Bansenshukai (萬川集海, translated 'All Rivers Merge into the Sea') is a Japanese book containing a collection of knowledge from the clans in the Iga and Kōga regions that had been devoted to the training of ninja.
It was compiled by Fujibayashi Sabuji in 1676, in the early years of the Tokugawa shogunate, to preserve the knowledge that had been developed during the near-constant military conflict from the Ōnin War until the end of the Siege of Osaka almost 150 years later. As well as information on military strategy and weapons, it has sections on the astrological and philosophical beliefs of the times, and along with the Shōninki of 1681 and the Ninpiden of 1655 make up the three major sources of direct information about this shadowy profession.
The books include:
- Two volumes of thought and philosophy
- Four volumes on leadership
- Three volumes on Yo-nin—open disguise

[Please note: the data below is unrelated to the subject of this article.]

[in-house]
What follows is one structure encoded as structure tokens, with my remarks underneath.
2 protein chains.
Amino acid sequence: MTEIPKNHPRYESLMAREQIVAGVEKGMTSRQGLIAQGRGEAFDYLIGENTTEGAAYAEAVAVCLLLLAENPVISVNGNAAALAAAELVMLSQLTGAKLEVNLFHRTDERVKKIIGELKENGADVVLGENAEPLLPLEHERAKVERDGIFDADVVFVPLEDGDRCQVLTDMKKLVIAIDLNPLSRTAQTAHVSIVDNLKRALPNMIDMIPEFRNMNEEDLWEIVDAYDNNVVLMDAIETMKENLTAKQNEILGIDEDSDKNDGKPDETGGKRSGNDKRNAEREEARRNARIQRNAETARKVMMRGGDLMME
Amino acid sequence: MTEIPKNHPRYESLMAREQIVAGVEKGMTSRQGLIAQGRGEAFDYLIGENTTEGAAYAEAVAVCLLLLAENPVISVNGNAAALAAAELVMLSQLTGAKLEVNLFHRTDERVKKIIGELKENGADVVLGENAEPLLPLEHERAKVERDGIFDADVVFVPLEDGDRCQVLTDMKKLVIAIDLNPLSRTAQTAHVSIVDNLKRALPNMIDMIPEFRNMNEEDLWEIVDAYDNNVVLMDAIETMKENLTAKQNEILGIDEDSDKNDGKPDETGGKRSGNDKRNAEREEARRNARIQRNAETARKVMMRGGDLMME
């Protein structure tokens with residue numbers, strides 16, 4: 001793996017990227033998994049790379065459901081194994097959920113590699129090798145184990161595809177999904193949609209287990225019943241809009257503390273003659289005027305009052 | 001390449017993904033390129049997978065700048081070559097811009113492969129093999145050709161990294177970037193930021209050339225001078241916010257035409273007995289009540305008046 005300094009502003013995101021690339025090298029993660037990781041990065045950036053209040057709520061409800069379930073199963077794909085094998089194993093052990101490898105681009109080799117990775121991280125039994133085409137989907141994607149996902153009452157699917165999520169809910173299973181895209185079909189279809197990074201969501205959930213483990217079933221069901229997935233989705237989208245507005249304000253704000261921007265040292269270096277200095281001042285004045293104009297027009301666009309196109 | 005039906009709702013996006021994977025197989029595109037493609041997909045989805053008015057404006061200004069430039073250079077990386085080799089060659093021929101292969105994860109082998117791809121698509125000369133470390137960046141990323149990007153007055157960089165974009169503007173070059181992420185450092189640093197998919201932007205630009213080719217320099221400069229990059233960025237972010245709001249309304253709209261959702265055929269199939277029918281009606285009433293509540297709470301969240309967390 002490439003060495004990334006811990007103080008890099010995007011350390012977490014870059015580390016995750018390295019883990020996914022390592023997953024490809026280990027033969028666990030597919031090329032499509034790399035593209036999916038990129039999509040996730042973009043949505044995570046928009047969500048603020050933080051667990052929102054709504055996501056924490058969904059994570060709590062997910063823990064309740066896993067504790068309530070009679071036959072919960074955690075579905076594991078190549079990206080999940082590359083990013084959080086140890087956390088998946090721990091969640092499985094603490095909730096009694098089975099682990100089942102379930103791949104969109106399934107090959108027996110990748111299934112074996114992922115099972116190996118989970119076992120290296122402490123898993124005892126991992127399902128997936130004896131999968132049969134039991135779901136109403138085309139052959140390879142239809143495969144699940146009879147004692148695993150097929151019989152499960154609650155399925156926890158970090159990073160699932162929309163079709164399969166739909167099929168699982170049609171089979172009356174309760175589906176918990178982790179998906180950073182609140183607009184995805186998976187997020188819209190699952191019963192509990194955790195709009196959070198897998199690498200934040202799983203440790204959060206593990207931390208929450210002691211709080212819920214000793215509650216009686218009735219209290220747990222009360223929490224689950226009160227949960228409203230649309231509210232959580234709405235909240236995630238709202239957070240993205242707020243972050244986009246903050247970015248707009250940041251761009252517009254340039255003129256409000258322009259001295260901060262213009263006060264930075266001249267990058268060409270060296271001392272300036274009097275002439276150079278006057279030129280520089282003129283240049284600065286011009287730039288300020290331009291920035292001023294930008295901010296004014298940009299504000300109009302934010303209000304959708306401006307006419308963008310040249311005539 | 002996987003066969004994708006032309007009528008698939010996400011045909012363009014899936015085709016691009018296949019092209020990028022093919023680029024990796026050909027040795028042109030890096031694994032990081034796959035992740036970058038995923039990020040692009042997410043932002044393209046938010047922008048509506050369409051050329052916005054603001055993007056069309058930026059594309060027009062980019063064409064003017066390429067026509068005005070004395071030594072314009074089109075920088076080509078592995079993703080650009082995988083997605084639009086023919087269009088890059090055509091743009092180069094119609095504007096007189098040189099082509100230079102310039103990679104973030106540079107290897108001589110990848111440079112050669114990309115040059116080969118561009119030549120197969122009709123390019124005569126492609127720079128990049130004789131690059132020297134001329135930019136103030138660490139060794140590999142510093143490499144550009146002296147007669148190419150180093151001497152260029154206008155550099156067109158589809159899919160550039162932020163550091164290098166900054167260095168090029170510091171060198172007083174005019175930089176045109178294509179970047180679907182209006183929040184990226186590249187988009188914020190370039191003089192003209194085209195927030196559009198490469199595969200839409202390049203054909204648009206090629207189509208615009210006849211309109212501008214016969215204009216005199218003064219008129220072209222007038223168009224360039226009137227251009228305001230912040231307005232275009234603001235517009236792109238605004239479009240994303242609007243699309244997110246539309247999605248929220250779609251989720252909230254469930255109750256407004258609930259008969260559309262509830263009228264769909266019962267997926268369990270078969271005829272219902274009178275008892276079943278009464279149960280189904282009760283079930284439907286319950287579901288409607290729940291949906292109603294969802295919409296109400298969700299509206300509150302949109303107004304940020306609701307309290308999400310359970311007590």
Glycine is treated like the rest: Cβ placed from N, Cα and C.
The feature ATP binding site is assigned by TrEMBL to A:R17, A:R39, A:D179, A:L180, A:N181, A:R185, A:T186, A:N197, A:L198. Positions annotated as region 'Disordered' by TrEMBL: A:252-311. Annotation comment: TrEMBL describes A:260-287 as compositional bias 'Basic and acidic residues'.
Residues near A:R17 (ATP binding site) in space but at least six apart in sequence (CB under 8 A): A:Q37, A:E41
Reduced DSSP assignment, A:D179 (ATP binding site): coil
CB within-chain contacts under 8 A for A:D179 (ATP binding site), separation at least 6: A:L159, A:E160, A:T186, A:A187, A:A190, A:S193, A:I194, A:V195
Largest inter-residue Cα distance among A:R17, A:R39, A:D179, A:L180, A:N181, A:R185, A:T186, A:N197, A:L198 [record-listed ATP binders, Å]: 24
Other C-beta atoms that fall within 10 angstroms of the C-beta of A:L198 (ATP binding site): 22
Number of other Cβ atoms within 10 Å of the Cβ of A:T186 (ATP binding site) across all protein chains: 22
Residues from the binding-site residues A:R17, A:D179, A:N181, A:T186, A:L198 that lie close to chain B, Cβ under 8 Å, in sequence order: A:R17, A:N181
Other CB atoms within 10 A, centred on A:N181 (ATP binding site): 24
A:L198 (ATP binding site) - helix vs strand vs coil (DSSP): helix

- Five volumes on In-nin—hidden infiltration
- Two volumes on astrology
- Five volumes on tools and weapons
There are two versions:
- The Koga Version has twenty-two chapters bound in ten volumes, with an additional one volume attached to it.
- The Iga Version has twenty-two chapters bound in twelve volumes with an additional four chapters in four volumes attached to it.
After World War II, a limited number of handwritten copies were offered to the public. A few of these copies are in some major national and university libraries. It has recently been re-translated in various languages including English, French, German, and Japanese.
- "The Book of Ninja: The first complete translation of the Bansenshukai", 2013, Antony Cummins & Yoshie Minami
- Bansenshukai. Ninjutsu.com. Accessed March 8th, 2012.
- "Martial arts of the world: an encyclopedia, Volume 2: Ninjutsu", 2001, Thomas A. Green
- Bansenshukai Archived December 24, 2005, at the Wayback Machine. Ninpo.org. Accessed March 8th, 2012.
- Antony Cummins & Yoshie Minami, trans. The Book of Ninja: The first complete translation of the Bansenshukai. London: Watkins, 2013.
- Bansenshûkai: le traité des dix mille rivières, Fujibayashi Yasutake, Axel Mazuer, Albin Michel, May 2013. (in French)